Khulekani Skosana, who heads the league’s international relations subcommittee, has been all over Twitter, posting links to his interviews with various propaganda networks. 

“We stand in solidarity with all the oppressed people of the world,” he told the SABC. “It’s not just Donbas, we stand with people of Palestine, Western Sahara. We will always stand with those who are oppressed and those who don’t have anyone to defend them. The revolution will not be televised, that’s why we went to see for ourselves as young people of the liberation movement of President Nelson Mandela.”

The revolution will not be televised? It will be tweeted instead? Young people. Full of such foolish romantic notions these days.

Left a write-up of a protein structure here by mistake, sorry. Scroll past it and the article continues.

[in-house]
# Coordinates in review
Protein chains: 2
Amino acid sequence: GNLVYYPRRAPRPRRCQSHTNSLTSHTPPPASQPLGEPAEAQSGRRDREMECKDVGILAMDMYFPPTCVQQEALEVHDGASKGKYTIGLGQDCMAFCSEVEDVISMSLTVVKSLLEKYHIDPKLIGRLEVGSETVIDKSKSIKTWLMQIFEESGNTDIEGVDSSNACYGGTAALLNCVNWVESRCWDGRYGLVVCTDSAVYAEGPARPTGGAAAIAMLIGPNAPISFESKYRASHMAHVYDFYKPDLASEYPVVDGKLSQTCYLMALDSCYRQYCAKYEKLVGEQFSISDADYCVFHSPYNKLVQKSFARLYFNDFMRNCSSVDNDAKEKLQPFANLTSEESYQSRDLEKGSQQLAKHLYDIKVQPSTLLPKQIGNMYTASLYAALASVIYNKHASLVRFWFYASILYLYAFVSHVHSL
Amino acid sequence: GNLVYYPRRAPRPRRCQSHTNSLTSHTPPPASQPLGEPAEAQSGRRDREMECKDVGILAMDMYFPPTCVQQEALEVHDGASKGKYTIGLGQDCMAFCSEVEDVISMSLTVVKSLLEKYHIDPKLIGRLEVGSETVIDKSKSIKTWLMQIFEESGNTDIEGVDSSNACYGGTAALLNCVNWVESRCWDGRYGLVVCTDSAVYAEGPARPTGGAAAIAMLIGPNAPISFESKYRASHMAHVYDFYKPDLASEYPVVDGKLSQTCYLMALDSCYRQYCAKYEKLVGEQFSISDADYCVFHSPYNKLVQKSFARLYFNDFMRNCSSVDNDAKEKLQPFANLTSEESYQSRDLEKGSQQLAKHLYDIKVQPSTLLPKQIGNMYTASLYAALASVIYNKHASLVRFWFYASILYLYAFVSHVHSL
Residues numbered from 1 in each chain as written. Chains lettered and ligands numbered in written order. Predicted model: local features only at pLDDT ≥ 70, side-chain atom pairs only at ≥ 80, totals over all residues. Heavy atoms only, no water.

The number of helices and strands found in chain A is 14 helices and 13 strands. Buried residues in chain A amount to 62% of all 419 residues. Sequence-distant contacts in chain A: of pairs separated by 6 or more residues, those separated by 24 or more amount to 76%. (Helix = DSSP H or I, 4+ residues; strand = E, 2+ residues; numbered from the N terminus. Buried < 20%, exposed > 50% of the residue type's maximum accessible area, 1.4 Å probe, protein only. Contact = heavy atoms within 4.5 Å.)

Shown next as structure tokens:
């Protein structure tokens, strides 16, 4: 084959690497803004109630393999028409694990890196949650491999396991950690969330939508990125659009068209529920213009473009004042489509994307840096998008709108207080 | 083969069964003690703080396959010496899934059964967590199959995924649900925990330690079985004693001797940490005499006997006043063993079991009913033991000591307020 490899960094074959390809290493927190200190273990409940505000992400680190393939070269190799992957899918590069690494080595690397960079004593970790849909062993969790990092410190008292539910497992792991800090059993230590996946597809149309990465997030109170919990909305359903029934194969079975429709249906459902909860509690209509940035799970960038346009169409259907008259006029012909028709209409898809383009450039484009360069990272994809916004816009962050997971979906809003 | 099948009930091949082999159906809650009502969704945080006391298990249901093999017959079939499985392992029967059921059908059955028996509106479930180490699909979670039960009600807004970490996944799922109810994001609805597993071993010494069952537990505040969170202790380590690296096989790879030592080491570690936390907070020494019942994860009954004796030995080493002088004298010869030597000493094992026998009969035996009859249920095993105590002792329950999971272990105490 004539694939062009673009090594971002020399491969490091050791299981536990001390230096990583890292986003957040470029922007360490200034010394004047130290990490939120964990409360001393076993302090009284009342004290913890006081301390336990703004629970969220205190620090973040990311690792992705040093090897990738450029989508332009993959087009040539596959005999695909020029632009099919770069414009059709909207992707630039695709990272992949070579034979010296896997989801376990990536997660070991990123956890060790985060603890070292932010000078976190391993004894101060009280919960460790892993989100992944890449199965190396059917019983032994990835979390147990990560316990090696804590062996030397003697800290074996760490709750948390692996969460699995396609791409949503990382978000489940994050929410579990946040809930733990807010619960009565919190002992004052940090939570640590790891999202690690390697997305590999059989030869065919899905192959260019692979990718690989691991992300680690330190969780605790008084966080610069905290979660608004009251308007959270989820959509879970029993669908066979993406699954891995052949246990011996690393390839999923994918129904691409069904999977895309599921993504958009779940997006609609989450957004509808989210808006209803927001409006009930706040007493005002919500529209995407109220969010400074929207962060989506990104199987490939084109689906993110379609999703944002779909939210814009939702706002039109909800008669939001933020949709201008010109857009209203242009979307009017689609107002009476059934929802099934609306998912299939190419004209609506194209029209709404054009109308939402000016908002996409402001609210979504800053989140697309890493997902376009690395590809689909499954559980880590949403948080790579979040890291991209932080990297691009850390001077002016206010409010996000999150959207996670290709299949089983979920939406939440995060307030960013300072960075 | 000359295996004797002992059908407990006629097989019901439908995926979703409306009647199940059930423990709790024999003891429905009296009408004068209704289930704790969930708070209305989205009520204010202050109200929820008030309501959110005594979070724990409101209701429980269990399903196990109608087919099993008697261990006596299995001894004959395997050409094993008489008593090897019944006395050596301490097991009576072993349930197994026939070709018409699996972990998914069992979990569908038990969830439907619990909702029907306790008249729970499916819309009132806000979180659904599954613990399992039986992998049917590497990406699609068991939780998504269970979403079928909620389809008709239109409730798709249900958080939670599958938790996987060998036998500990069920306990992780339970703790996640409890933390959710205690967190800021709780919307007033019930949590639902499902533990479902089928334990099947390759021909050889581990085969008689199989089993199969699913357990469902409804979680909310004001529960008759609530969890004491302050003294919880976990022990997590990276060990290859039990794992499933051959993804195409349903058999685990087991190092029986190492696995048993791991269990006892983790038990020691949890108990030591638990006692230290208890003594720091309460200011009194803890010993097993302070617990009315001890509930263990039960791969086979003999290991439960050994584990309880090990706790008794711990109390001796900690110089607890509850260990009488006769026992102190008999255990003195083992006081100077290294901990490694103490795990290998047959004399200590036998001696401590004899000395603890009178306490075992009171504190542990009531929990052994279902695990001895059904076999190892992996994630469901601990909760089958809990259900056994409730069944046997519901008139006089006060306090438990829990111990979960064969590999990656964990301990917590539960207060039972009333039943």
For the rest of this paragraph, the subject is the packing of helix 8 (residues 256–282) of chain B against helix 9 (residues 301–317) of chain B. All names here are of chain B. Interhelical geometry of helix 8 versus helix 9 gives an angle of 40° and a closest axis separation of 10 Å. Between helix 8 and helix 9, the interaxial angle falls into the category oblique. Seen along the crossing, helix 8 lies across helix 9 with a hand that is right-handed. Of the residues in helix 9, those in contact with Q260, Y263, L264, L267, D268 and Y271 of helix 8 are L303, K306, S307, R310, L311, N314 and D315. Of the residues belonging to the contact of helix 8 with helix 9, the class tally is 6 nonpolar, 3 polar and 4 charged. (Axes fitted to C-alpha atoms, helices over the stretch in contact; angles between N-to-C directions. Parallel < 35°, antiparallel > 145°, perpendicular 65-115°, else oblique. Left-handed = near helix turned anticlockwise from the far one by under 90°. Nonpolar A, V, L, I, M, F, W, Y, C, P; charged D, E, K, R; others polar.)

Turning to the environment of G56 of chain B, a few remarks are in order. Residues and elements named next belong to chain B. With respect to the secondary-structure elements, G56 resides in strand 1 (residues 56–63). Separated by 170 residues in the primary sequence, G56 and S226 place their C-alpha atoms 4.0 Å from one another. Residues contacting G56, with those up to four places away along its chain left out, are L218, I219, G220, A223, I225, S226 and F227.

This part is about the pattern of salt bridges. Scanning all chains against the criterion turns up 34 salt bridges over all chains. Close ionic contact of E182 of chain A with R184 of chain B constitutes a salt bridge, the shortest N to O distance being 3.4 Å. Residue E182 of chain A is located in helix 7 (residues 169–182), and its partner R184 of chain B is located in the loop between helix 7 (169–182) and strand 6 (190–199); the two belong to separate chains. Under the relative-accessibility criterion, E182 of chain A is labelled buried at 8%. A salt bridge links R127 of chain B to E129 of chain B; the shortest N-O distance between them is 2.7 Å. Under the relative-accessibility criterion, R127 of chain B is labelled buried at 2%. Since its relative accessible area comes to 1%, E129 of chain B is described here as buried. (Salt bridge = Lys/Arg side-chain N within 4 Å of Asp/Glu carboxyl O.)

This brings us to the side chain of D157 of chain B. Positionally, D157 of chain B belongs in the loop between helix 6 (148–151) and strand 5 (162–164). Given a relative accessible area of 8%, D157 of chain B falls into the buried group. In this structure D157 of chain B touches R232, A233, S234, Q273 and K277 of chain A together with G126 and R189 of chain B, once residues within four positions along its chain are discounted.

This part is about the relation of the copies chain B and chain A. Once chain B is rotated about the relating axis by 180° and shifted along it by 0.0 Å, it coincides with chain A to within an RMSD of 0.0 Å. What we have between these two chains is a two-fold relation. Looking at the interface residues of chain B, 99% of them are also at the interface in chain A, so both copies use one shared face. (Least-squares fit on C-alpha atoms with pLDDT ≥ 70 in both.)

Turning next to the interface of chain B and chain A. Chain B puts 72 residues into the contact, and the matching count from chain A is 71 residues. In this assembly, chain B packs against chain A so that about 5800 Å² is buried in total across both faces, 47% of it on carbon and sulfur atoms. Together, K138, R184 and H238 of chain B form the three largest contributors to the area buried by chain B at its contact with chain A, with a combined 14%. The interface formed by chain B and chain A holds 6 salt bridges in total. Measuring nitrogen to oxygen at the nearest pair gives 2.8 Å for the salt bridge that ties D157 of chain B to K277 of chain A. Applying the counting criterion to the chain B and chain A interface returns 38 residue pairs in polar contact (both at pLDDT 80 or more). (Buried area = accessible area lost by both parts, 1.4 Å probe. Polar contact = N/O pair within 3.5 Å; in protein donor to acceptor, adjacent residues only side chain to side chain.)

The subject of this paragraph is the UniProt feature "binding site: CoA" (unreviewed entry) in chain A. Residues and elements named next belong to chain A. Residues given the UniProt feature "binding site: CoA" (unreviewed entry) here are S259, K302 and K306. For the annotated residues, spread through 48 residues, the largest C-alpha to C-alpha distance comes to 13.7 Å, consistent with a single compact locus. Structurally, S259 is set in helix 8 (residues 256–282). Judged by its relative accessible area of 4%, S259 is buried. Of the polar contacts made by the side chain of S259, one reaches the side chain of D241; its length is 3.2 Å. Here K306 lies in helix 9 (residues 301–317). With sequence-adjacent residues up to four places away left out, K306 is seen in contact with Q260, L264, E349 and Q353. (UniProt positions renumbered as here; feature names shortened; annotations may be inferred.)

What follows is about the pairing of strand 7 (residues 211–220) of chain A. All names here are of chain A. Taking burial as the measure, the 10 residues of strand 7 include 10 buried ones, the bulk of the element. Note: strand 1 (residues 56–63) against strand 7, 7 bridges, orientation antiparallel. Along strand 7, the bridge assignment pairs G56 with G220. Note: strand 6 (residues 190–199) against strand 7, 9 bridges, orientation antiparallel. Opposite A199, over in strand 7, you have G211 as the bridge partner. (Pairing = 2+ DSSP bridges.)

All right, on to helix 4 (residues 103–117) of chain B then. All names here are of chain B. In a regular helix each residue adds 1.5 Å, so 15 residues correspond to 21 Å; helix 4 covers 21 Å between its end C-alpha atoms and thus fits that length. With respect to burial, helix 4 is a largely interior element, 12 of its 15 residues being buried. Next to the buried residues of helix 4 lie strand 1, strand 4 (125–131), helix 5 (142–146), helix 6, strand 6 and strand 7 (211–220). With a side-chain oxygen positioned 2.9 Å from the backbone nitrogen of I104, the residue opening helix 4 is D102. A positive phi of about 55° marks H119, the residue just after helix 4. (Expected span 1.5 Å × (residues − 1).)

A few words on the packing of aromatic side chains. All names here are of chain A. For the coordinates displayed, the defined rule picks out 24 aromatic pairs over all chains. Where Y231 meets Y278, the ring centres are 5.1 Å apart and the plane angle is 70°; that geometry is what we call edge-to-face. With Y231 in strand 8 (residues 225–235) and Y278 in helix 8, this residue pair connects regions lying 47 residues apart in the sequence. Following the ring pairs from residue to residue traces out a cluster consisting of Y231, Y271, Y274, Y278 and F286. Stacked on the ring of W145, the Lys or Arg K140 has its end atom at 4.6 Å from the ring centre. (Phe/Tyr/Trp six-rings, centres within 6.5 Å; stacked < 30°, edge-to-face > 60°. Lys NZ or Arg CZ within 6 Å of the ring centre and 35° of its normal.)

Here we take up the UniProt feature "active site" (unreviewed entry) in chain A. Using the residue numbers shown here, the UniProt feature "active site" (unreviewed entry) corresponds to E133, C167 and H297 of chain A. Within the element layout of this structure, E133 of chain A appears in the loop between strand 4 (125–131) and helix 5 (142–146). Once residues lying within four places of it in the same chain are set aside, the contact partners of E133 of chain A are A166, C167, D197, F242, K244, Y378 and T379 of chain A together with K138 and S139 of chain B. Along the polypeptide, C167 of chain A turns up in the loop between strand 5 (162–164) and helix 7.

As Ukranian Association of SA president Dzvinka Kachur has pointed out, Skosana and his comrades have simply been used by Russia to legitimise a process that falls far, far short of international laws on referendums. That is putting it in a very diplomatic fashion, to say the least.

Meanwhile, I wonder if the crew of the Nord recall what happened to the Kerch Strait Bridge a few weeks back? It would be a shame if this yacht were to run into any trouble next month. Judging by the number of shipwrecks along the Western Cape coast, these things do happen — sometimes even by design.


I sometimes wonder how different newspaper headlines would have been had Alan Paton not written that bloody novel. You know the one I mean, the one with the over-traded title that is lazily deployed by the dull and unimaginative on all manner of worthy op-ed opinion pieces.